Q: I have not seen this question over the past couple years that I have followed your newspaper column. Does feeding songbirds slow down or even stop their migration south in the fall?
— Phil, Sheffield
A: I must have answered this question in the past, and if I have the answer has not changed. NO! Bird feeders do not prevent migration, and if anything, it might help migrants that discover a feeder along the way by providing a ready supply of extra calories necessary to continue their trip.
I expect the chipping sparrows that have nested in our yard and show up in our garage if I don’t have feed in the feeders, were here this morning and will probably be gone soon, as their departure as a species is usually mid-October. This isn’t a good example though as there are lingerers that are seen in the county in November, and not necessarily because of bird feeders.
Q: I have decided to plant milkweed seeds that I gathered this past season. I wonder when the best time to plant is, and any advice you can give will appreciate. I have planted butterfly attracting flowers for a few years now and want to go a little farther.
— Maureen, North Adams
A: For about three years I planted common milkweed in both the fall and early spring. The first two years, I had no results, the third year was an overwhelming success, with self-seeding to the point that by this past summer milkweed became something of a weed, providing a supply of both common milkweed and even more swamp milkweed to offer to anyone interested. Some tips: If you wish to plant seeds in the spring, store the seeds in refrigerator or in an outdoor shed, on a porch or elsewhere that mimics resting in the out of doors. (In the beginning, I planted in both fall and spring, so I cannot say which time is better.) Before storing or planting carefully remove the silk. When planting I loosened the soil. Placed the seed and barely covered with sifted soil, and equally carefully sprinkled with water for the first couple weeks (if spring).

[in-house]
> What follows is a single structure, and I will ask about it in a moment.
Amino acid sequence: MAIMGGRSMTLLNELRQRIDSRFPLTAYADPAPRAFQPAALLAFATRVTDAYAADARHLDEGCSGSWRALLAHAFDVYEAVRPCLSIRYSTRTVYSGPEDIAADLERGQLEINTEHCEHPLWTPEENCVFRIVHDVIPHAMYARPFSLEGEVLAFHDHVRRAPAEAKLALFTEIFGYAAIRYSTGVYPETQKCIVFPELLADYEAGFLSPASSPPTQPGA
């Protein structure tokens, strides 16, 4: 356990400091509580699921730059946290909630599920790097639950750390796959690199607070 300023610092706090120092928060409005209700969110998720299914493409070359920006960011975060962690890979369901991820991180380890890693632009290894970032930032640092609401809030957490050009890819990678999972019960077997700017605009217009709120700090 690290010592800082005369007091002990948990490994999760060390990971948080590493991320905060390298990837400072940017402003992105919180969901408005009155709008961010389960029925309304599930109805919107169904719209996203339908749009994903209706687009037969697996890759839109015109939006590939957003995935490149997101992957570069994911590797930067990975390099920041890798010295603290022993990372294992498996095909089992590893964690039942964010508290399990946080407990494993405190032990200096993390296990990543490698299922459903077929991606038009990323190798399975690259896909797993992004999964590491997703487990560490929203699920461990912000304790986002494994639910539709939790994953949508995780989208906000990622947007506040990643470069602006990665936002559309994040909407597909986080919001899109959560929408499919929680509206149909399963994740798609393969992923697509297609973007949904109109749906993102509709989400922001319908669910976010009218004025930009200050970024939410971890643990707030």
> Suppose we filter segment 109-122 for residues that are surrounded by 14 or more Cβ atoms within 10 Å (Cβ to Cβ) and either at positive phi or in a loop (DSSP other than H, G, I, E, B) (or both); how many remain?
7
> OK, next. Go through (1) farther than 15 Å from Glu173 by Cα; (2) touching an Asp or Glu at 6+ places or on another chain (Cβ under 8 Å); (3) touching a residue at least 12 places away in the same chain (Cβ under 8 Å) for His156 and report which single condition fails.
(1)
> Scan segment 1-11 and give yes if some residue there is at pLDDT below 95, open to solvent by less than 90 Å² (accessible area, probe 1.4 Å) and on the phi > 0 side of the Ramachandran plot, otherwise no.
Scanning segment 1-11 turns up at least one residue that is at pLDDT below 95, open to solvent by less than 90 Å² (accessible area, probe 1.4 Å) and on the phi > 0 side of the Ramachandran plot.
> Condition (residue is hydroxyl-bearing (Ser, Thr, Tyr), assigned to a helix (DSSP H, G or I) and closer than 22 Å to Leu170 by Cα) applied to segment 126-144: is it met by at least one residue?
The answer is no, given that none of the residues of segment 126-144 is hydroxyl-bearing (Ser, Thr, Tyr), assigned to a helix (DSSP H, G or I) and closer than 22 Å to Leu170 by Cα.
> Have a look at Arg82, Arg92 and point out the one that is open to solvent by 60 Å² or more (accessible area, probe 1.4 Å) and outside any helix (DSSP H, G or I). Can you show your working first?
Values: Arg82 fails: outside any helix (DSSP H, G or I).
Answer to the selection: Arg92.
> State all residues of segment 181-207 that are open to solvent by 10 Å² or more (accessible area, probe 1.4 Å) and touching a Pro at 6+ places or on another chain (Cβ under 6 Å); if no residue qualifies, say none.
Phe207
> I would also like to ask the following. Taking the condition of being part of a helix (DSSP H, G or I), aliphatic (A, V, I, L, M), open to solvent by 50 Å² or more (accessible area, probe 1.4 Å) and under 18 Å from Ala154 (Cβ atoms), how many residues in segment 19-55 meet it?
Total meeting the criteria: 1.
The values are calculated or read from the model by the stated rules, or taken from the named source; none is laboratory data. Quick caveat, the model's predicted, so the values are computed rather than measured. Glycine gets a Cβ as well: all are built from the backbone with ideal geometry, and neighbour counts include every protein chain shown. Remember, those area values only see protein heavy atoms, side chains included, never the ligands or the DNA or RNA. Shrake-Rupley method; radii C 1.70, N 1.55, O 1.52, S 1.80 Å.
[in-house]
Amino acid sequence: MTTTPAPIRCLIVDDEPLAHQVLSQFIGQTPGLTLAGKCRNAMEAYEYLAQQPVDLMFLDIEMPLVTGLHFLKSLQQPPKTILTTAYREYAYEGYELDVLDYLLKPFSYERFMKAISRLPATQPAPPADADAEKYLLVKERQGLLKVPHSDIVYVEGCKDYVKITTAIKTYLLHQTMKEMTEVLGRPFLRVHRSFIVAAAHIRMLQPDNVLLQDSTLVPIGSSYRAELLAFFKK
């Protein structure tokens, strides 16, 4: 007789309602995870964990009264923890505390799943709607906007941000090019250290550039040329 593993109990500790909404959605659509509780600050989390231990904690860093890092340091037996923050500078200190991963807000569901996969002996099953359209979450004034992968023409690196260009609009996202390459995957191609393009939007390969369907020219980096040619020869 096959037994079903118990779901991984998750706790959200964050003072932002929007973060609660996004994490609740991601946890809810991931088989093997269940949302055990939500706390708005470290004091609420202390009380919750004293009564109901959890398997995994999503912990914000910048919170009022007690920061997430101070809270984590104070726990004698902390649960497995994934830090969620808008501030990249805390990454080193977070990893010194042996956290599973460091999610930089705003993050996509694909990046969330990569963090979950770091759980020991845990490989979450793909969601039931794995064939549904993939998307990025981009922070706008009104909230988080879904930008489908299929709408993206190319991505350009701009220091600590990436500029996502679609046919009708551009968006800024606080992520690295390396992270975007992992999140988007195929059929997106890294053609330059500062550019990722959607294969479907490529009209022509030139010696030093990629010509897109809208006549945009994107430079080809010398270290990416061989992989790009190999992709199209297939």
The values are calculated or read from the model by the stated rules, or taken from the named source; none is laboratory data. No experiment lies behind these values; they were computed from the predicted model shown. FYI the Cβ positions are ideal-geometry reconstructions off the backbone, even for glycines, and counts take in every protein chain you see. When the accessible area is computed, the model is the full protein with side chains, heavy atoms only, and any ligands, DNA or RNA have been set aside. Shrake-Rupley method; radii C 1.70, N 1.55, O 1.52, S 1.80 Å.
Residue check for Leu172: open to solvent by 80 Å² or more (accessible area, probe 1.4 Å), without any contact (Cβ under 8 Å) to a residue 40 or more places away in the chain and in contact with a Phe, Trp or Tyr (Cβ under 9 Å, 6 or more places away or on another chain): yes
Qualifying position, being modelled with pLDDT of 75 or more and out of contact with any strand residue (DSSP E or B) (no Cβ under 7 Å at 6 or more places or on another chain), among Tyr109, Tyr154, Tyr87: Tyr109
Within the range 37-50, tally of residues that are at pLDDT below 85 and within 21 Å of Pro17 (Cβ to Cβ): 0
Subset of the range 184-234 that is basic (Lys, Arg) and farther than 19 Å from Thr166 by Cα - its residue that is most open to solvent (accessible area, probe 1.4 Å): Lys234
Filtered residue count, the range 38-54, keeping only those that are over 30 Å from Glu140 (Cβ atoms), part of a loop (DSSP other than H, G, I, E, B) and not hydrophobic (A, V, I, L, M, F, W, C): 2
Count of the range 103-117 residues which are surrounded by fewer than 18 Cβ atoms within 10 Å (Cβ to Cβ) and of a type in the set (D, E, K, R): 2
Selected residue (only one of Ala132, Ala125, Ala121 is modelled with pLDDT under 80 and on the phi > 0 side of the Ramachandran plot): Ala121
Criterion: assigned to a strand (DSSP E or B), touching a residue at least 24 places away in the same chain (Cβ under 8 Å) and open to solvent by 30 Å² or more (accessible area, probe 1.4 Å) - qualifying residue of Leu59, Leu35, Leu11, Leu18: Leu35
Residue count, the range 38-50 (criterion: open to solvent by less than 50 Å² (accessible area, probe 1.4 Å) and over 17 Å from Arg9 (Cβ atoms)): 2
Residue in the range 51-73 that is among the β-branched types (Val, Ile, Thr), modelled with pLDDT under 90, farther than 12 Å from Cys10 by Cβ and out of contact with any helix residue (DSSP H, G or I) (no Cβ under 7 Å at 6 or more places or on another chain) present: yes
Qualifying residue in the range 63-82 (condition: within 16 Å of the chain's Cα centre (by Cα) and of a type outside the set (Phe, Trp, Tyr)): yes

Q: What birds will be attracted by suet. Either the cakes we see at various shops or the chunks the meat markets use to offer? I have been providing mixed seed and want to try something else too.
— Anna, Pittsfield
A: This list is as complete as I can recall, and not every species is seen every year. I have been using the cakes for several years now because they do not (to my knowledge) spoil during the summer. Our suet cakes, and I have tried different ones, attracted four species of woodpeckers, the red-bellied, downy, hairy (rarely), northern flicker (rarely) and pileated woodpecker, black-capped chickadee, tufted titmouse, white-breasted nuthatch and red-breasted (rarely), starling, blue jay, and Carolina wren. Other birds that I have not had, but have seen on lists include American robin, eastern bluebird, orioles, red-wing blackbird, brown creeper, Northern cardinal and northern mockingbird.
You may have already covered the topic of Asian jumping worms and I missed it, but if not, it is time to do so. These worms are a scourge that have now infected the Berkshires. They multiply extremely rapidly, deplete the topsoil and there is no remedy to date. People need to be on guard and take precautions to avoid spreading them even farther.
— Terry M., Stockbridge
I have not written about the Asian jumping (or crazy) worms in the past, as the backbone of this column relies on responses from readers for the most part, and this is the first to come across my computer screen.
The only time I encountered these invaders was about close to 15 years ago at Stevens Glen in Richmond (Berkshire Natural Resources Council). There were hundreds of them on a plot of very moist soil not much larger than 5 square yards. At the time I was not familiar with them and didn’t get any response from a couple sources that I felt would know.
I personally wondered upon seeing these large active earthworms how long have these been around in local gardens?
I invite NatureWatch readers to respond with location if they know of Asian (crazy) jumping earthworms, as well as general numbers and anything if any you may be doing to curtail the population.
One source, Olga Kostromytska, PhD., assistant professor and turf entomologist, UMass Stockbridge School of Agriculture, in a UMass Extension’s 2021 Invasive Insect Webinar Series, answered the question “How long (in years) have the Amynthas spp. Earthworms (jumping worms) been established in the U.S.? Her answer: "Since the 1940s to 1950s, so approximately 60 to 70 years.”